The standard audio industry autumn roll-out of shows and factory visits had a strange, unexpected side-effect. It made me understand something fundamental about the Burmester 101 integrated amplifier, and Burmester products in general.
You see, most people think that chrome front panel on Burmester products is there as a spot of bling. It’s not; it’s there because Burmester thinks very long term. You begin to understand this when staring at the 23rd chromed shower tap in almost as many days; kitchen and bathroom designers use chrome brightwork because it doesn’t tarnish even after years of installation in an inherently wet environment. An audio amplifier doesn’t spend its days in shower stall humidity, but that thick chrome front panel means the 101 integrated amplifier will look as new in a quarter of a century as it does today.
Burmester is mostly about pre-power amplifiers; the company’s best known product (still in production after 34 years) is the 808 preamplifier and its best seller is the 911 power amplifier. However, Burmester has made several integrated designs over the years, and currently produces three models; the 101 is the latest (the first two numbers of the three number product code here denote the original launch date; the 808 being launched in 1980 and the 101 first saw the light of day in 2010), and least expensive in the whole catalogue. Unlike the other integrated designs in the range, the 101 is smaller, slimmer, lighter, and more conventional looking than its stable-mates. In truth, the conventional looks belie the fact that the 101 is perhaps the most radical design in Burmester’s long amplifier history.
The 101 amplifier is a 120W design, and uses Class D power sections, in place of the predominantly Class A topology of other amps in the Burmester range. Class D operation polarises audio enthusiasts, but the 101 takes the Class D concept and runs with it. Instead of using off-the-shelf modules and the standard-issue switch-mode power supply, the 101 features custom-designed filters, and a high-grade linear supply. Both the preamplifier and the high-grade headphone amplifier are DC coupled, thereby limiting the number of capacitors in the signal path.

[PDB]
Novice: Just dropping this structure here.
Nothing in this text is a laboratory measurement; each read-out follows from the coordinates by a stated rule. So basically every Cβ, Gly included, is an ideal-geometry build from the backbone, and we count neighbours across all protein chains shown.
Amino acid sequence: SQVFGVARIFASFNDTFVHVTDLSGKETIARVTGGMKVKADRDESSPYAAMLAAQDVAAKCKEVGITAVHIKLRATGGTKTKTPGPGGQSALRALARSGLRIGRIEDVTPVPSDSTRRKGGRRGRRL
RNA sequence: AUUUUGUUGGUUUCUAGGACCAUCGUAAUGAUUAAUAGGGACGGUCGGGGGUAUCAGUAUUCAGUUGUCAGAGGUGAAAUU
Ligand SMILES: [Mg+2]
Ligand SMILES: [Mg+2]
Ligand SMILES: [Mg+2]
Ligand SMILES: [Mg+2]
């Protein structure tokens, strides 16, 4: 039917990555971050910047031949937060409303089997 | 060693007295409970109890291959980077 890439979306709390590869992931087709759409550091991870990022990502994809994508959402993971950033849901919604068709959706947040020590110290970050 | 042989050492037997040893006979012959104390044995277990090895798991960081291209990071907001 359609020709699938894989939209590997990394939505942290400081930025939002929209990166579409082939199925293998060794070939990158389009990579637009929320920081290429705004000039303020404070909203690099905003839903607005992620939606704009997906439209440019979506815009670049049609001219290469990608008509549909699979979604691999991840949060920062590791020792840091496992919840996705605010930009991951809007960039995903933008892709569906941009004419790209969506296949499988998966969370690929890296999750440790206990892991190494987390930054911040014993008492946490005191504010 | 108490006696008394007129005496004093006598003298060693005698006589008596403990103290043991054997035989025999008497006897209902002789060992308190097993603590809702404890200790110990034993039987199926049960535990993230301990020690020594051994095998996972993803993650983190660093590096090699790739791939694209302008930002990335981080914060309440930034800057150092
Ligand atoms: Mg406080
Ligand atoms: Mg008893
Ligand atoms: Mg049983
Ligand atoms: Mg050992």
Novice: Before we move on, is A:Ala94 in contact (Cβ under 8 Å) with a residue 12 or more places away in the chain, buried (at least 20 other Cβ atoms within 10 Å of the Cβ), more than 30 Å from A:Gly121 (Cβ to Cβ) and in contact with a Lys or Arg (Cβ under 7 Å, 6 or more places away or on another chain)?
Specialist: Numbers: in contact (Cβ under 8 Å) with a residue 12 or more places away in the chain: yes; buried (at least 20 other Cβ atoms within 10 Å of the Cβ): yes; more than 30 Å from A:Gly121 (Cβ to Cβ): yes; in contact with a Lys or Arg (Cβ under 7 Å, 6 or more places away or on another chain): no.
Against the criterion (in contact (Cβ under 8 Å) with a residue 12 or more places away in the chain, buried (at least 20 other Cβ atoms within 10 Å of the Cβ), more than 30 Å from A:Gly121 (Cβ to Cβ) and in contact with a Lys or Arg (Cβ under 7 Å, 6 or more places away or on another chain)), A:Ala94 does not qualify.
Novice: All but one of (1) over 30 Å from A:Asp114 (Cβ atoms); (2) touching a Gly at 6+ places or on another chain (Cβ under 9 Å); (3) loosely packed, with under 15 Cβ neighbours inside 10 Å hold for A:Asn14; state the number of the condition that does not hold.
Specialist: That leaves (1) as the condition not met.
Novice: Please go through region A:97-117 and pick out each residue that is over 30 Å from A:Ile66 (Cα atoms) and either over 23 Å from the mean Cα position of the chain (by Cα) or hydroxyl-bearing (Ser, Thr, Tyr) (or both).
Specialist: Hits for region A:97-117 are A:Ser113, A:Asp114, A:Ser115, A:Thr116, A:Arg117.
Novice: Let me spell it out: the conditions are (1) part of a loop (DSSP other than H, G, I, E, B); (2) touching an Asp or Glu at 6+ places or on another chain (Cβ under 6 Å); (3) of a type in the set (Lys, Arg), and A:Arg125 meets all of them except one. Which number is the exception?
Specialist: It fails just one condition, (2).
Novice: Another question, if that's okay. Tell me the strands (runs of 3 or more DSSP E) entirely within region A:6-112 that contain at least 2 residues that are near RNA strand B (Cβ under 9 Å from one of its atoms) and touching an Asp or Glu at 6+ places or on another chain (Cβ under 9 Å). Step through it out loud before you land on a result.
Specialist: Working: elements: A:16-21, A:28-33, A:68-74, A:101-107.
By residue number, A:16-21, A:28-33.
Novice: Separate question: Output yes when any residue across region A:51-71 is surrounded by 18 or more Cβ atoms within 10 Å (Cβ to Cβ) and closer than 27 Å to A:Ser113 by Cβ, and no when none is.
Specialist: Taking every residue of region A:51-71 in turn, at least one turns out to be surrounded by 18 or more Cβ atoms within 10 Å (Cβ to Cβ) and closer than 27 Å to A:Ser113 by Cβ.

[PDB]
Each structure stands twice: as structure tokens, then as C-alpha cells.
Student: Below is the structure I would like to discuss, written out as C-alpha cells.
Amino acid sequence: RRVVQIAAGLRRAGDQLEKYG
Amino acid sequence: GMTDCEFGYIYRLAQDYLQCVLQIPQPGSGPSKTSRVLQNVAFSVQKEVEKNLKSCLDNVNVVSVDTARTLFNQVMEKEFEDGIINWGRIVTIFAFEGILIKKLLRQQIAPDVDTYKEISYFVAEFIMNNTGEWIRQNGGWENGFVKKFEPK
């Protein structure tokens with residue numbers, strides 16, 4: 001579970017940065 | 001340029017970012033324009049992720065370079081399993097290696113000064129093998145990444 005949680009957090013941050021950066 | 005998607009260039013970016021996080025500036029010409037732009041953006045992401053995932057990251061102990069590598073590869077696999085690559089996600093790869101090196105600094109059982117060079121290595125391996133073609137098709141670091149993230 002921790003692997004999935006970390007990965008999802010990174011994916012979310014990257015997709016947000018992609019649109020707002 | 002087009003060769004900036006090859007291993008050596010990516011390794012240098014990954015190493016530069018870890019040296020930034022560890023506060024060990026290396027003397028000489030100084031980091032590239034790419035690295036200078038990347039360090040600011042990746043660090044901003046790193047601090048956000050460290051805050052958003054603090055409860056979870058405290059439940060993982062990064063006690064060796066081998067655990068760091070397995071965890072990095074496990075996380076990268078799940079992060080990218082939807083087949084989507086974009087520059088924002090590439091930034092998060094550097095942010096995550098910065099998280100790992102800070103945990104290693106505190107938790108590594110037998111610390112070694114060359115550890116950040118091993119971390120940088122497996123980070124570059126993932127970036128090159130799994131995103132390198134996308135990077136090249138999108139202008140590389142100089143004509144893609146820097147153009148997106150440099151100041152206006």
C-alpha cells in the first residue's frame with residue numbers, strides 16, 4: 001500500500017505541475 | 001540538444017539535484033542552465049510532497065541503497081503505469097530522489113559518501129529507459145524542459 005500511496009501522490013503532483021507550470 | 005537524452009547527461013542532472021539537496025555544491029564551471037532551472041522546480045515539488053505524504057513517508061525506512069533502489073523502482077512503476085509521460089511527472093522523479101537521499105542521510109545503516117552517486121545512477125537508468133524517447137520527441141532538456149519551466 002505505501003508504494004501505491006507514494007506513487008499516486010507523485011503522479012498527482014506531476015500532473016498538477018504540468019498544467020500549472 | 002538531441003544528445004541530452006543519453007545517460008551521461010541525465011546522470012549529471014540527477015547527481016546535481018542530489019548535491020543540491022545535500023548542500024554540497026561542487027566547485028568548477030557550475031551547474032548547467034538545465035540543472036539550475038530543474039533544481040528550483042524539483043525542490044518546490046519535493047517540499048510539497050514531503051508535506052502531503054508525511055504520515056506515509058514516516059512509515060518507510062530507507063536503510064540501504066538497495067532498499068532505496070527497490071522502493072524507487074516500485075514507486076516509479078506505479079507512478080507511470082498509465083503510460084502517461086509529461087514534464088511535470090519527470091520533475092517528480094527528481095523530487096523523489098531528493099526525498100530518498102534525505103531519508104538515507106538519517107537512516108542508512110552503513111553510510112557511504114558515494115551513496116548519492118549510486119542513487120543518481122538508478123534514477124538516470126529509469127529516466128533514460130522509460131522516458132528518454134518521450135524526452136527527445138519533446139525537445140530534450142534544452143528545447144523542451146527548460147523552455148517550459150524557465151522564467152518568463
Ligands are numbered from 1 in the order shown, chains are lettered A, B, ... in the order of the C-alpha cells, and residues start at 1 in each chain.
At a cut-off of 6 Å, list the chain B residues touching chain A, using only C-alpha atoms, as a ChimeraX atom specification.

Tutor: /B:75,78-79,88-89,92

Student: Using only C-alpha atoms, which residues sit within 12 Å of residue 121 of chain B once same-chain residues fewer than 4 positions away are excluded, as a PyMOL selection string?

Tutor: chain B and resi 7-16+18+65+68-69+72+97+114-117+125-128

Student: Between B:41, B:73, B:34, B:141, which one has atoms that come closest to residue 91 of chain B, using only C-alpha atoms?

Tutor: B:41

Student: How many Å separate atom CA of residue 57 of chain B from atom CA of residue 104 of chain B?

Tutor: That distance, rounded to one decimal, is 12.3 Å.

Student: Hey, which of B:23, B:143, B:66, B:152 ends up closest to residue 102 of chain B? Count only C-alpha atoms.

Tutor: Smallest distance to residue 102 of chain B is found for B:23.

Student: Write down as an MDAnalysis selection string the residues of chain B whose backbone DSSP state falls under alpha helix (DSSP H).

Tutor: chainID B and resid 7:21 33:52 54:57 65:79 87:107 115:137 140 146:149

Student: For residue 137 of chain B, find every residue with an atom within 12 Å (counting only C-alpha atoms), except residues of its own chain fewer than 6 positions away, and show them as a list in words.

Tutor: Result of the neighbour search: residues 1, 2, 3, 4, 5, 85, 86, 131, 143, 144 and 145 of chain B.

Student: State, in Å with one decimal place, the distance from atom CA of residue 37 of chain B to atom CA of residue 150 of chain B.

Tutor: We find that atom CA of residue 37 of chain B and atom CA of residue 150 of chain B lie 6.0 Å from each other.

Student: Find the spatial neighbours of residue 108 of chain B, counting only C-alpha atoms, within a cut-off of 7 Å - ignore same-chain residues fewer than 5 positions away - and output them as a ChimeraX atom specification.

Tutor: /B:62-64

Also outside the signal path is a protection circuit, designed for overload, overheat, and DC offset protection. As a result, you don’t necessarily need to observe good housekeeping and turn the amplifier off before swapping speakers. However, I strongly advise you power down the amplifier between speaker changes, as it ensures the amplifier modules react properly to the new loudspeaker. This is important in order to get the best from the 101, and Class D amps in general. This won’t trouble most people in reality, but if you audition the 101 and the demonstrator fails to cycle the power between speaker changes, you probably aren’t hearing the amp at its best.